Following similarly themed releases from Eminem, Lil Wayne, and Kanye West, Tuppy Entertainment opportunistically raids the back catalog of yet another global urban star, Akon, on Living the Life, a hodge-podge of material billed as a collection of "great underground hits and rare tracks." Unfortunately, any hardcore fans hoping for some newly discovered treasures will be very disappointed indeed, as there's very good reason why most of its ten inclusions have been previously unavailable. Three of the tracks aren't even music, with the opening "Intro" an eight-minute interview with BBC 1Xtra DJ Trevor Nelson, which may be utterly banal but sounds like Frost vs. Nixon compared to the low-quality, meandering, and completely pointless "Putting People On" and "Stunt Double," which are both randomly interspersed with crowd noises and background audio of his biggest hits. If this was billed as a spoken word disc, there wouldn't be as much cause for complaint, but by giving these pieces names which sound like song titles, it's hard to shake the feeling that you've been slightly conned. Equally sneaky are the misleadingly titled "Live," "Live, Pt.2," and "Sexy," which are live performances of hit singles "Right Now (Na Na Na)," "Belly Dancer," and the David Guetta production, "Sexy Chick," all of which sound like they've been recorded at a drunken frat party. The compilers seem to have gotten carried away, as they even change the names of tracks which don't need to be altered. "Nothing" is the duet with French Montana, an early signing to his Konvict Musik label, previously only available on a Cocaine Cowboys mixtape under the name of "We've Got Nothing to Prove." "Head Is Strong" is his utterly woeful cover version of James Morrison's "You Make It Real for Me," which he recorded for BBC's Radio 1 Live Lounge strand, while "Living" fuses both the original version of 2004 single "Ghetto" with the samples of Notorious B.I.G.'s "Trouble" and Tupac's "Ghetto Gospel" that were featured on two of its separate remixes. Only the recent posthumous collaboration with Michael Jackson, "Hold My Hand," does what it says on the cover. There are a couple of additions here that may be useful for the Akon obsessive, but overall, it's a rather dubious affair which seems designed to trick fans rather than offer anything of value.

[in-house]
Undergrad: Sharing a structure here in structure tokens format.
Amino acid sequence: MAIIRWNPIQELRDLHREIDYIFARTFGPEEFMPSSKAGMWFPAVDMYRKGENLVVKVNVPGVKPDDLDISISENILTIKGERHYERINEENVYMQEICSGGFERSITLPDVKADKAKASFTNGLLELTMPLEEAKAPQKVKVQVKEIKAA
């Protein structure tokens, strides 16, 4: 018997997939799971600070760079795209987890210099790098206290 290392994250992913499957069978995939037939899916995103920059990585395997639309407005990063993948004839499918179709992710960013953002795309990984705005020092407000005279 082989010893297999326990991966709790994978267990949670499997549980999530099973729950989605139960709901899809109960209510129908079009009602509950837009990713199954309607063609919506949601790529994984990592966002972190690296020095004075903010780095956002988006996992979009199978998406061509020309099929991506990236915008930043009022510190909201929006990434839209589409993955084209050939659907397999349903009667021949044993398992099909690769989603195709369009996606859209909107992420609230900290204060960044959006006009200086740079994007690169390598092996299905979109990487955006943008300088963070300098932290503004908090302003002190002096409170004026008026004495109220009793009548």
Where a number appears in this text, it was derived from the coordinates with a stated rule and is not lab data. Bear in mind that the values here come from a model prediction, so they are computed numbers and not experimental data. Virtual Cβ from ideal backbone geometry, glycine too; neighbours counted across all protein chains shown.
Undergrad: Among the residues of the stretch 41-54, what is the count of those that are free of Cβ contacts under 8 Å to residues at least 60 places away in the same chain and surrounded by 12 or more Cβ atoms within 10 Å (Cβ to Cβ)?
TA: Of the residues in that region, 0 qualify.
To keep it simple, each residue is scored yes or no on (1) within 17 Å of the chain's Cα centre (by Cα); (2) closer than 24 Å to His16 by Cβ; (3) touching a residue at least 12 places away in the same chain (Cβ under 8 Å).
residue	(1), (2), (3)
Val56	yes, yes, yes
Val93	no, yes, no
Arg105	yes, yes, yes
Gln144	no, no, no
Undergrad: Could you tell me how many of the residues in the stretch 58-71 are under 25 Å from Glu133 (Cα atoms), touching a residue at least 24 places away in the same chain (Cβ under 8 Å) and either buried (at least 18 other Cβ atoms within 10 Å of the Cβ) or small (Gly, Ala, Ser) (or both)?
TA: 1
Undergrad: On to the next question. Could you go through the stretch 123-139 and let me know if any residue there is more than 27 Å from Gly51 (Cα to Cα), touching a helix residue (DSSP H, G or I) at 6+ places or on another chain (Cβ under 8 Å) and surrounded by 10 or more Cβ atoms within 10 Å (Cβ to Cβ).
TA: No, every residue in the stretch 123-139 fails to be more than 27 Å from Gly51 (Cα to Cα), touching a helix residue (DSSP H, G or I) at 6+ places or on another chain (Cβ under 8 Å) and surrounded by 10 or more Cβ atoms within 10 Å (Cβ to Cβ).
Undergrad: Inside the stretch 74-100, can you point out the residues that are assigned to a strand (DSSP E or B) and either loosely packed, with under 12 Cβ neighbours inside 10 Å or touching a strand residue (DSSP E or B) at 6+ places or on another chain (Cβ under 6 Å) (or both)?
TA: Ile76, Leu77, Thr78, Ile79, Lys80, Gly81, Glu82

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AllMusic Review by Jon O'Brien